Watch Talk

In-house Movements

Q:  What is an in-house movement? What makes them so special?


We discussed a question regarding watch servicing and mentioned in-house movements very briefly.  We received a few requests to explain what an in-house movement entails, and we’d like to expand on that topic.

In short, an in-house movement is a watch movement that is produced by a specific brand.  The definition and details of what is classified as an in-house movement can get a little hairy, but we will touch that later. 

An In-House Movement

Many movements (ETA, Miyota, etc.) are produced in large quantities and sold for other companies to use. Consequently, it is common to find a wide variety of brands that use the same movements.  This doesn’t happen with in-house movements.  An in-house movement is used exclusively within the brand.


Why An In-House Movement?

If you’ve spent any time around watch forums, it is likely you’ve witnessed some of the opinions that always pair with in-house movement discussions.  Many collectors favor these selective movements because of the engineering innovations needed to create these complex machines; others are swayed by the exclusivity present in them.  Regardless of the nature of these opinions, an undeniable appeal powers the popularity of these movements.  If you are a committed customer of a brand, an in-house movement adds to that brand loyalty.  To create an in-house movement, the brand must invest money, time and man power to produce a movement that will be used only by them.  When you are wearing a watch with this kind of movement, you aren’t just representing the brand style; you are representing the engineering and technological strides made by them.


Why Not An In-House Movement?

Why are in-house movements so scarce in the watch market?  Among many things, it is much more cost efficient to outsource watch movements and allocate funds towards other branches of a company.  It is no coincidence brands with in-house movements are much more expensive than others (with one big exception).  From a consumer’s viewpoint, it is also very important to consider the inevitable servicing costs for an in-house movement.  Any competent watchmaker should be able to service an ETA/Sellitta and Miyota movement. However, in-house movements require the work of a watchmaker with the knowledge and expertise of the specific brand’s engineering.  You guessed it: This will result in pricier service charges.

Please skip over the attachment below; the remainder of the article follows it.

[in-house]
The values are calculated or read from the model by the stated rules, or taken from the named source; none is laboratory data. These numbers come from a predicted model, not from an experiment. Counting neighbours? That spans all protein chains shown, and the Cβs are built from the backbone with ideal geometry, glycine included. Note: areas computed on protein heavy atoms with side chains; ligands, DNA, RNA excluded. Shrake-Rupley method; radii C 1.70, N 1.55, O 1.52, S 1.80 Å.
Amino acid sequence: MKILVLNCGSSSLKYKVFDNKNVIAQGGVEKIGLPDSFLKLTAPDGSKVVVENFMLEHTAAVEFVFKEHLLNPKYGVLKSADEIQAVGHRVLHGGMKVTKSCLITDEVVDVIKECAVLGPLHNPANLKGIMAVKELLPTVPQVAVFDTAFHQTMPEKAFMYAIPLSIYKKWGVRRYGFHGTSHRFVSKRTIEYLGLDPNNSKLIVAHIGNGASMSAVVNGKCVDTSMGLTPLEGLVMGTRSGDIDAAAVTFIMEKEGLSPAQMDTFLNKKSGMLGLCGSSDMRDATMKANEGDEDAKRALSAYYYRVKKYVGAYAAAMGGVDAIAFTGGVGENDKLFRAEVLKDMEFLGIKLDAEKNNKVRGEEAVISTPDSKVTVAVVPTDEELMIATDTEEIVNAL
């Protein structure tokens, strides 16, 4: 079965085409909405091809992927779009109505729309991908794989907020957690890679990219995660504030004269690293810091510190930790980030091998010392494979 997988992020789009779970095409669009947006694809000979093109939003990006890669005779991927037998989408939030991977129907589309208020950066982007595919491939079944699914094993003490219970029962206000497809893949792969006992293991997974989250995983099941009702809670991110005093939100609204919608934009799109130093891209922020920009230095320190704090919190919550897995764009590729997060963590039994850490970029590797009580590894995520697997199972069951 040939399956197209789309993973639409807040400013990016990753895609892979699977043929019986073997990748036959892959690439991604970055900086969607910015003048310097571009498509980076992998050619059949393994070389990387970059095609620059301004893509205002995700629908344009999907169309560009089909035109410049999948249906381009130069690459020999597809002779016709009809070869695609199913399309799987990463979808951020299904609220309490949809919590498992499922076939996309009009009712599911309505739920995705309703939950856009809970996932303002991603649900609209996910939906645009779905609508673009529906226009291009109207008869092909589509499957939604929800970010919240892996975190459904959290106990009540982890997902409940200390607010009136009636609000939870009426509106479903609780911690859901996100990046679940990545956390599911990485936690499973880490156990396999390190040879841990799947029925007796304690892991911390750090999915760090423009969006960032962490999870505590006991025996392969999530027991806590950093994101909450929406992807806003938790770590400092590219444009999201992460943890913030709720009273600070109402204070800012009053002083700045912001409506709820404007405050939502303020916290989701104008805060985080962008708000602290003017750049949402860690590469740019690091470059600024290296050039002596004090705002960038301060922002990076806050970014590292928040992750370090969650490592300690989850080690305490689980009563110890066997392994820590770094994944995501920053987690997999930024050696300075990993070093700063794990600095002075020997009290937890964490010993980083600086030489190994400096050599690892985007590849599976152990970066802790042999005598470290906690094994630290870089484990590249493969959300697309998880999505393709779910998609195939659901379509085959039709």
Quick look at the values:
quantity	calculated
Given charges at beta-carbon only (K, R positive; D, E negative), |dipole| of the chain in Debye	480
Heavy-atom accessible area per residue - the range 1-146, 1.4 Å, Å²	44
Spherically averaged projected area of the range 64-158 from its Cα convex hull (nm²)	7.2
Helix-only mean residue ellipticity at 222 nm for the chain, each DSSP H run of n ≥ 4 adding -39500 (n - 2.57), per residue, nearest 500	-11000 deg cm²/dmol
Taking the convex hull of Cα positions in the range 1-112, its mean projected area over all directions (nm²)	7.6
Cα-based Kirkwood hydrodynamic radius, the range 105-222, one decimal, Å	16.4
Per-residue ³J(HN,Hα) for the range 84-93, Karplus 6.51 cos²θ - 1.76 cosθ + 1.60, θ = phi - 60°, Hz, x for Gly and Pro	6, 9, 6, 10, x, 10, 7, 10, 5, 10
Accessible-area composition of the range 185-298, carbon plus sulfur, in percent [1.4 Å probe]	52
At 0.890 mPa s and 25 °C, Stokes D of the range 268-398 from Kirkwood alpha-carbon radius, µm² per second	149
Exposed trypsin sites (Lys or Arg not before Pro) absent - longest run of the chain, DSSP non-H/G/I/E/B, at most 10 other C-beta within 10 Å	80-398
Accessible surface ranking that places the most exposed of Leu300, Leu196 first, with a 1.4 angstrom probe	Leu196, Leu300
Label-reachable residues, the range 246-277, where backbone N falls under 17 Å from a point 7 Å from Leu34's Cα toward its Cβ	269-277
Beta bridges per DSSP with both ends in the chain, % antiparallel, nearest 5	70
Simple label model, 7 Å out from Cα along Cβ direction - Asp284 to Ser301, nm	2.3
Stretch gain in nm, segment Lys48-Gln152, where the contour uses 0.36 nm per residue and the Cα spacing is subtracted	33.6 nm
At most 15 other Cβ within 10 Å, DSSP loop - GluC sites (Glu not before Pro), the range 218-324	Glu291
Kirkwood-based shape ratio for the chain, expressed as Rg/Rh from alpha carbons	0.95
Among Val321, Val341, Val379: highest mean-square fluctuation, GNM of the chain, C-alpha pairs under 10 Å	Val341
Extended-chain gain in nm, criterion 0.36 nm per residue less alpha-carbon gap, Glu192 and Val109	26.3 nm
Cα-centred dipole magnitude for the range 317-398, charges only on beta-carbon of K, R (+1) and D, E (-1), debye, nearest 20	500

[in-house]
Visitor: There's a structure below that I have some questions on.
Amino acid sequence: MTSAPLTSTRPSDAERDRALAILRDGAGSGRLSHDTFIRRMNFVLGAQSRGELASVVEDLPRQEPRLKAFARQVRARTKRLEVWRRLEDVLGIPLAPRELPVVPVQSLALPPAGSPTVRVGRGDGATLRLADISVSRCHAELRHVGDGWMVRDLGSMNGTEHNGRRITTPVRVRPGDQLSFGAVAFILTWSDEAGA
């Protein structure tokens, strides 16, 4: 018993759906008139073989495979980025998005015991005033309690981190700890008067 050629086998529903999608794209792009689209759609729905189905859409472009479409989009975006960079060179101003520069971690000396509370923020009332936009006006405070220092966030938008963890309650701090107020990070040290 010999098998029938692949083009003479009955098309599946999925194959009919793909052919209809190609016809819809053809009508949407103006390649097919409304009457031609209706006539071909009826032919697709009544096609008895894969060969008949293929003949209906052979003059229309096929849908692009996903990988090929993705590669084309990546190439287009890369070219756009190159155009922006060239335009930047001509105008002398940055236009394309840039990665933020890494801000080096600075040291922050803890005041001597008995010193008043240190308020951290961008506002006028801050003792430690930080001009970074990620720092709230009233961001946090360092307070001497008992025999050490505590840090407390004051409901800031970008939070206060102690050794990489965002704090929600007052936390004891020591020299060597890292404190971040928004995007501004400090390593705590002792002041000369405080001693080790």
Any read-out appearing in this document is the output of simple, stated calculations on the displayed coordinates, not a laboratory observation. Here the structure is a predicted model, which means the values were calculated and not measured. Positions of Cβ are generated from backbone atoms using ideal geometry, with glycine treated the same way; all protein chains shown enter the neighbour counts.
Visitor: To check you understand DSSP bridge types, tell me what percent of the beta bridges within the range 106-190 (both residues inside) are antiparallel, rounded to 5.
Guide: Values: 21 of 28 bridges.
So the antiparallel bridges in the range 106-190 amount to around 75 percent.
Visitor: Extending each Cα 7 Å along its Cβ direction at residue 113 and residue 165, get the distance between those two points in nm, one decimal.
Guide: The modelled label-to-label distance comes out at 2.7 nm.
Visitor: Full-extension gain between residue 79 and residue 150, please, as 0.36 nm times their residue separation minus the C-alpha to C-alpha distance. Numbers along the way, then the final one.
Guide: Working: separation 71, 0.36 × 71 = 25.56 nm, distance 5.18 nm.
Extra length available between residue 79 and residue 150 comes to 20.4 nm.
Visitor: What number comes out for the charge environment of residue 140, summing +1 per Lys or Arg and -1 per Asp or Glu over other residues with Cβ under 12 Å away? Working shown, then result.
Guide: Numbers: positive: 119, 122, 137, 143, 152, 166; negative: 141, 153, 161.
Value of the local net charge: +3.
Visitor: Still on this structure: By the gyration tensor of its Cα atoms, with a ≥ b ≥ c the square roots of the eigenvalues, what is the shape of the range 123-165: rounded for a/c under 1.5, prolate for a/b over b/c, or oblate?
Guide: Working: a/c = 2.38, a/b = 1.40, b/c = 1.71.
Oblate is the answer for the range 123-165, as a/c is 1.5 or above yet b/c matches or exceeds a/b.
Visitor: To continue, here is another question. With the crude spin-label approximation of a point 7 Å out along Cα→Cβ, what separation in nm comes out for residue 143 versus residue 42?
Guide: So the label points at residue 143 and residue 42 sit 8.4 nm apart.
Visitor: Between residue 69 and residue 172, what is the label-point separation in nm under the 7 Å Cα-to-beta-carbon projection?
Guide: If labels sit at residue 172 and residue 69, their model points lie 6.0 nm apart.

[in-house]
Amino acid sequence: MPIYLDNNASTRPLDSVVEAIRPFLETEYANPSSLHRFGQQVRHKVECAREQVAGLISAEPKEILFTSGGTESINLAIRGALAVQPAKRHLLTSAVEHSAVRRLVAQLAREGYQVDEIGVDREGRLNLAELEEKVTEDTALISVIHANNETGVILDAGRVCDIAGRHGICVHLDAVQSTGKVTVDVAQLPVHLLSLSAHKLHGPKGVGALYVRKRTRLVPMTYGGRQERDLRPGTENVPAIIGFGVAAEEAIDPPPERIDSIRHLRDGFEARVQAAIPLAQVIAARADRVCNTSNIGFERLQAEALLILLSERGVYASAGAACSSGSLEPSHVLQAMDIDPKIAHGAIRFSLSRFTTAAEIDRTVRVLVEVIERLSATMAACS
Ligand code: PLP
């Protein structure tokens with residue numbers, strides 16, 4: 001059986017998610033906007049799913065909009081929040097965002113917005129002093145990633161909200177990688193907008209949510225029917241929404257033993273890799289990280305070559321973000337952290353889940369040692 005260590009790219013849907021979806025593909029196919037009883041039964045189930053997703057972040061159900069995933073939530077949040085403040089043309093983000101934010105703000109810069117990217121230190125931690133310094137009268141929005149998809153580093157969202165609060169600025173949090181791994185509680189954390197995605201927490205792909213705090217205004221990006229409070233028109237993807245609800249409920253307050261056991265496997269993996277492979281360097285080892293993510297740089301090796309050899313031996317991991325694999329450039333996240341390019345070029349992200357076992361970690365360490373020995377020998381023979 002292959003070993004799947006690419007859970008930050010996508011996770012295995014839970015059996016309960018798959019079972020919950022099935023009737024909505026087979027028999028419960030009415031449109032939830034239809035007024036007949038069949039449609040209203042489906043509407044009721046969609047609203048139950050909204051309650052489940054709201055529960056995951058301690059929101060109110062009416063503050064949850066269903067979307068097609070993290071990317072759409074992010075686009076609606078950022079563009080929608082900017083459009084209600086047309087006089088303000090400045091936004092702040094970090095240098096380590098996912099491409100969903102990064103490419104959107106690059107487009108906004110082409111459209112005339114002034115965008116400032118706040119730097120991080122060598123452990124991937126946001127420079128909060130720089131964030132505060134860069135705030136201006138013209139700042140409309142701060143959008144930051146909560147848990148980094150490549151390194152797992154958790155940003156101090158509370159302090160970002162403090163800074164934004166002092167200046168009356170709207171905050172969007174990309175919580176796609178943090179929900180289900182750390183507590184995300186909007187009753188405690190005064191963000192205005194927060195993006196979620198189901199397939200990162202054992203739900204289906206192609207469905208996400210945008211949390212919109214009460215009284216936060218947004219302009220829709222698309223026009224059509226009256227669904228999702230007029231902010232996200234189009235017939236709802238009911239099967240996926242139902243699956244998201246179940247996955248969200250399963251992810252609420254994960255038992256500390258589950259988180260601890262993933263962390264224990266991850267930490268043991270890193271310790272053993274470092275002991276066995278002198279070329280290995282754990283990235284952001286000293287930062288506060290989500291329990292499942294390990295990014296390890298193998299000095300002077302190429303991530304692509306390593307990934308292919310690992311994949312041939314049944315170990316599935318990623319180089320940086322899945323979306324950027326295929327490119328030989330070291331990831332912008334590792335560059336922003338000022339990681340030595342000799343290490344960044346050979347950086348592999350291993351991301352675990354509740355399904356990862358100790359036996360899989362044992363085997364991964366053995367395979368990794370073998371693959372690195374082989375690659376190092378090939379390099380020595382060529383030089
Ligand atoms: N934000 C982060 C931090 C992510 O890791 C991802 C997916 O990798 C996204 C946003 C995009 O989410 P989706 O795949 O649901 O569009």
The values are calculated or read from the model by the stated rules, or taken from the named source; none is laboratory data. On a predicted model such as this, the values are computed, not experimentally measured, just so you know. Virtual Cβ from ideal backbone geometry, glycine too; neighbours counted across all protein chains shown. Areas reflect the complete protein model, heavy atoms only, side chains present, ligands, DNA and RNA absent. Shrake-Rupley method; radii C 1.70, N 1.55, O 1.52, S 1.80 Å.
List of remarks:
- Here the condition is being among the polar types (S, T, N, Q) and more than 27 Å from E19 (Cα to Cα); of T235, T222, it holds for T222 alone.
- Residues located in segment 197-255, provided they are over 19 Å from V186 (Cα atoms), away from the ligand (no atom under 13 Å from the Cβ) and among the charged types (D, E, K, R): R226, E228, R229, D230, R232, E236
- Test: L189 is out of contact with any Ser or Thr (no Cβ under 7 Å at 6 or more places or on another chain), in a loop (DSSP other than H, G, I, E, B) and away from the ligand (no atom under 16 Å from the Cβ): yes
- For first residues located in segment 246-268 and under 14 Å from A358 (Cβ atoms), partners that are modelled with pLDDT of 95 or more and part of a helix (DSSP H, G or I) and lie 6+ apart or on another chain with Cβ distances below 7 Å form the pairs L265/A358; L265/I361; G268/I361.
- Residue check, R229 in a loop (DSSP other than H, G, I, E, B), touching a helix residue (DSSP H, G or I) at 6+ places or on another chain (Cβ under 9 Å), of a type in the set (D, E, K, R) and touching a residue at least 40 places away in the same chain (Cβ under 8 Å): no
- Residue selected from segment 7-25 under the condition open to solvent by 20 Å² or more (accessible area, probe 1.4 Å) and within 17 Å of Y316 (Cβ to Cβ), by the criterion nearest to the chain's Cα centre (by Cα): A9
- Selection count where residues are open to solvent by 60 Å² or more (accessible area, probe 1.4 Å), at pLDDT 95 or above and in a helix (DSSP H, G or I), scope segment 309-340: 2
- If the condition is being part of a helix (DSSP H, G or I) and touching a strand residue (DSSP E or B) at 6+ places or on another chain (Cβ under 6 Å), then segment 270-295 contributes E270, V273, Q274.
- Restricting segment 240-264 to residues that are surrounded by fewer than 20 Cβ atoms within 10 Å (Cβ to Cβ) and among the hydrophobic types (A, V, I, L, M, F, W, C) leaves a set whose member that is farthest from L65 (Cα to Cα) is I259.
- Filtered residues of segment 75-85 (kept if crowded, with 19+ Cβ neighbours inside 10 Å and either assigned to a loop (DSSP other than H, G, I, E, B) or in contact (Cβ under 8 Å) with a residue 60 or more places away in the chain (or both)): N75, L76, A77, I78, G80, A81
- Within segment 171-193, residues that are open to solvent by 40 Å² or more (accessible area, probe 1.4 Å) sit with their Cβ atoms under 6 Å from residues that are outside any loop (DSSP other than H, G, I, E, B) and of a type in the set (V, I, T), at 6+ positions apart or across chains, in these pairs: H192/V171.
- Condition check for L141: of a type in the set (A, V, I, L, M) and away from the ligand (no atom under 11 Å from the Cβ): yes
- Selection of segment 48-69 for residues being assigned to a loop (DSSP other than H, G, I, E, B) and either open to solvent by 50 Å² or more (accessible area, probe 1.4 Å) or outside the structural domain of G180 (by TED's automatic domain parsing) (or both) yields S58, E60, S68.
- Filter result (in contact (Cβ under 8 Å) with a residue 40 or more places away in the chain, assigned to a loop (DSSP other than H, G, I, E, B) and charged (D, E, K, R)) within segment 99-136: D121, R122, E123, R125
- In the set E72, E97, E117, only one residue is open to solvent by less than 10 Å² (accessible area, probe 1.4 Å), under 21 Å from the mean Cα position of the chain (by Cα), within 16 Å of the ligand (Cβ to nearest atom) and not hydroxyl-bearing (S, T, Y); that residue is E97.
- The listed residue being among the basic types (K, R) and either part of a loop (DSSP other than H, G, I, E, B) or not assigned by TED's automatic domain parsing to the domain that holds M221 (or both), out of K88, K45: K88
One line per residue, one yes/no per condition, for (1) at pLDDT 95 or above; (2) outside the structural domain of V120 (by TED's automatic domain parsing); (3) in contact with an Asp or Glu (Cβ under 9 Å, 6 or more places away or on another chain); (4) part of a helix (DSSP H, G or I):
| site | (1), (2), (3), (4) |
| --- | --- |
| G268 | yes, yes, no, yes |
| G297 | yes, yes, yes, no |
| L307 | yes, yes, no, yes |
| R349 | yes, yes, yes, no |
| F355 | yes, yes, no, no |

What's Classified As An In-House Movement?

As mentioned above, the parameters of an in-house movement are a bit blurry and raise a lot of questions.  For example, how much of the movement must be produced by the company to fall under this category?  Must a company produce everything, like their own jewels and hairsprings, or can they outsource certain parts?  Should heavy modified standard movements be called in-house movements? 

There isn’t a clear-cut answer to these questions.  It is up to the discretion of the consumer to draw the line and purchase accordingly.  All we can do is provide the information needed to make an informed decision.

-Affordable Wrist Time

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